Russia too, had similar interests in the Balkan region and Germany aligning itself with Austro-Hungary had put them at a polar opposite. In short, the alliance with Austria-Hungary and the failure to continue to appease the Russians had ensured that a future conflict with them was a possibility.

With this in mind, the Russians moved towards the newly formed Britain and France partnership. The Triple Entente was formed. Otherwise known as the Grand Alliance between Britain, France and Russia. If one was attacked, the other would come to their aid.

So, Wilhelm 2nd had ensured that Germany were now surrounded by powerful enemies all with grievances of one description or another against her. Military spending increased in the short-period before 1914 and many believed that a European conflict involving a number of states would erupt.

And so on 28th June 1914, Mr Ferdinand was assassinated by a Serbian nationalist. The Austrians suspected the Serbians and mobilised their forces against Serbia. Russia, committed to protect Serbia mobilised their forces against Austria-Hungary. War between the two states/empires became likely.

The Germans being allied with the Austrians were expected to join in. But, it wasn't until the Russians mobolised their forces in anticipation of a German advance in the east that prompted Germany to declare war on Russia.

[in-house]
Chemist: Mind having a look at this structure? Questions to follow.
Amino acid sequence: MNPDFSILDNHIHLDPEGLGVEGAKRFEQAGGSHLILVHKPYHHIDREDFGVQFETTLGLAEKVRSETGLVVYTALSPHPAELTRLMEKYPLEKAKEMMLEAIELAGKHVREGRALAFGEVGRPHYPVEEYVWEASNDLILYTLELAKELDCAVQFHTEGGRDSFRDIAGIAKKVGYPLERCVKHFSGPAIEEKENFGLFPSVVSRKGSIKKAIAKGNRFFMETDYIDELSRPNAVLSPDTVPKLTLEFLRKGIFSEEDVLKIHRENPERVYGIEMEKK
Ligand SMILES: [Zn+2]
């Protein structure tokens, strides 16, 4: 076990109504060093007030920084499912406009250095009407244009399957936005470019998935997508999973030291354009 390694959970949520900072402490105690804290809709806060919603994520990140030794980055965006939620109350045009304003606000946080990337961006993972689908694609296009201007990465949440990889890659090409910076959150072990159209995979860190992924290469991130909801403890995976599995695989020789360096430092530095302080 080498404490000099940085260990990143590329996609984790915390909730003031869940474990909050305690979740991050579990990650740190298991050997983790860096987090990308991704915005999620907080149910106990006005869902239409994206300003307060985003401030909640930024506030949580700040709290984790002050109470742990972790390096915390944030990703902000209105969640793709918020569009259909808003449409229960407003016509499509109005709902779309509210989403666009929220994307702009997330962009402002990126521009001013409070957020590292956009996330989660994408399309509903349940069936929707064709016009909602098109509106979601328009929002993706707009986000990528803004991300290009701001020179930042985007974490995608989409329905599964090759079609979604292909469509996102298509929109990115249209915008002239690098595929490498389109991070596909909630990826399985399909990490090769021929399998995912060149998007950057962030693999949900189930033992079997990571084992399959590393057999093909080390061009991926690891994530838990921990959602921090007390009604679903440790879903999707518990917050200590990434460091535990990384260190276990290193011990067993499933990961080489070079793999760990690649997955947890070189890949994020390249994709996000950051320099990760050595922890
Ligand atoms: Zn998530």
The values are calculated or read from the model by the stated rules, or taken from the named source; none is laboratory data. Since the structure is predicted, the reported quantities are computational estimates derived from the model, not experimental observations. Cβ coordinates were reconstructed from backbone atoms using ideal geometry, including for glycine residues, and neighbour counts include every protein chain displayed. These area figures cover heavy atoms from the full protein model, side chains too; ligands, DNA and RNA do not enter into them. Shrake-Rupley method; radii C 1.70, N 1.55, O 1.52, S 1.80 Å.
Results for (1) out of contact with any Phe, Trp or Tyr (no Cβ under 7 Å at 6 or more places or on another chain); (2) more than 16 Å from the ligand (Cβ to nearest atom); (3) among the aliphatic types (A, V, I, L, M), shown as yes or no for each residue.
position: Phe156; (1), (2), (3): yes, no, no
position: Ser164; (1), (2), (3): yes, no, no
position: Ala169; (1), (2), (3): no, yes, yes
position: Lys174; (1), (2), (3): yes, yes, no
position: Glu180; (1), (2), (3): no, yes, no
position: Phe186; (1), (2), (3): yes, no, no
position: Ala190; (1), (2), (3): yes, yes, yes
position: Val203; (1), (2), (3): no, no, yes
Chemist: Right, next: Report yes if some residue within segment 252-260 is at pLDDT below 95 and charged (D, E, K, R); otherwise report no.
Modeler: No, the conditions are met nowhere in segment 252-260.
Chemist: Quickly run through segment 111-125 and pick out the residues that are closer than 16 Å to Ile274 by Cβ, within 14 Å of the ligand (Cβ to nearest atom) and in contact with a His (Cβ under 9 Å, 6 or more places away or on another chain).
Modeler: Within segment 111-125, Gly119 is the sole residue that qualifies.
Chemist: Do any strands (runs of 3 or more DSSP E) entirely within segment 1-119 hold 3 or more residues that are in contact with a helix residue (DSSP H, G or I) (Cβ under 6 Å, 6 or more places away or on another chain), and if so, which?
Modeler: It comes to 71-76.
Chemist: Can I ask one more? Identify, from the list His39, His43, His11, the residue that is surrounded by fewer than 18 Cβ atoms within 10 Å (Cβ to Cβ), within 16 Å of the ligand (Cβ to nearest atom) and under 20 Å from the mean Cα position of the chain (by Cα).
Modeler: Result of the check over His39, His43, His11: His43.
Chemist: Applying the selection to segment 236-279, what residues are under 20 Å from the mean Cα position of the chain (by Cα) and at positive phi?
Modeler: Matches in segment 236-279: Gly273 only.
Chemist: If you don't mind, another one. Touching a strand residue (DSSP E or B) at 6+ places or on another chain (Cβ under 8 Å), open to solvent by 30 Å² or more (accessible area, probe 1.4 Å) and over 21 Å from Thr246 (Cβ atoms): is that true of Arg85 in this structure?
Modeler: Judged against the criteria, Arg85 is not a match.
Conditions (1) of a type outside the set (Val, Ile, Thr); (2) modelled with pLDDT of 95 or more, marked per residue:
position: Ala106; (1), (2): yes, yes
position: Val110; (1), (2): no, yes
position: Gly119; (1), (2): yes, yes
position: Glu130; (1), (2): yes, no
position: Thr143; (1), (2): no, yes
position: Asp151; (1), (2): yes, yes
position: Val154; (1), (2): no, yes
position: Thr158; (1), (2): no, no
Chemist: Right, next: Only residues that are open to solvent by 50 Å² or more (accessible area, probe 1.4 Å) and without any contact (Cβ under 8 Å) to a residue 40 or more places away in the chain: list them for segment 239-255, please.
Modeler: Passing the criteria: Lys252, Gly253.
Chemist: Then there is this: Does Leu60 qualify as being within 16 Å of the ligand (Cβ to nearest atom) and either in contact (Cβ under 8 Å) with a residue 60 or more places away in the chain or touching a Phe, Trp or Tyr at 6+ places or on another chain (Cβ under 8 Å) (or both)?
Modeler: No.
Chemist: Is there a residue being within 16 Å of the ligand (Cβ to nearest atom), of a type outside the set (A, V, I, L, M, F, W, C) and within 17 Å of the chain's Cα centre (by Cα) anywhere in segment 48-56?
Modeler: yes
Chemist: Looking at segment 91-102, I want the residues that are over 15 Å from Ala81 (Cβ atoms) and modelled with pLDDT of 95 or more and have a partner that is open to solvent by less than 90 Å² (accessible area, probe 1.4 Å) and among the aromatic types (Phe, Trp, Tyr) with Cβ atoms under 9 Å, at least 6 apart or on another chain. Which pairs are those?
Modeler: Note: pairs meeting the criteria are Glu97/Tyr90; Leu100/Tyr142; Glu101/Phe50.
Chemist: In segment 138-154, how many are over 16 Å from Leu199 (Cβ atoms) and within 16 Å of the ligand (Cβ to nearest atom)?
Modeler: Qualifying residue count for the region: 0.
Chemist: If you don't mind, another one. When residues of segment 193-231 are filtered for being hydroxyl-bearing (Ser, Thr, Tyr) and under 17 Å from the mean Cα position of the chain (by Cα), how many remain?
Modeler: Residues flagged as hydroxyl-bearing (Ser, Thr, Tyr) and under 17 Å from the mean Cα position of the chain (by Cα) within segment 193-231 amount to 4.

With war in eastern Europe now beginning. France and Britain could not look on forever. France's alliance commitments with Russia prompted Germany's declaration of war on France. The war in the west had now began.

Germany had anticipated the possibility of encircling by France and Russia. With this mind they had formulated a plan to quickly knock out the French and then the Russians. Their quick defeat of France required that they move through Belgium. Britain, not wanting war, were however committed to protecting Belgium neutrality. And so it was that when Germany moved into Belgium that Britain joined in with France and declared war on Germany. World War 1 was now in fall swing.

So, let us not forget the reasons for this war. Nationalist tensions - sparked off by the assassination - and the alliance system brought the major powers of Europe into a European wide conflict. On the one side, the Triple Entente between France, Britain and Russia. On the other, the central powers of Germany, Austria-Hungary and the unreliable Italians.

Of course, this war was supposed to settle the European question for good. To settle the political landscape if you like. The end result of the war, defeat for Germany and the dissolution of the Austria-Hungarian led to a whole host of new states being created in eastern Europe. The right to self-determination was being touted as an end-result of the war.

But of course Wilson's 14 points are one thing, the French are another. At Versailles they drew up the peace-terms for Germany which would drown the country with reparations repayments, loss of land and no real military to boot. Not a good thing for a newly formed German democratic government to inherit...

As for Wilhelm, he *#!ed off to Holland.

World War 1 - lest we forget.

3 comments:

Howard said...

Too long my friend and that is what History books are for..

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Matthew said...

Don't you like it then, howard?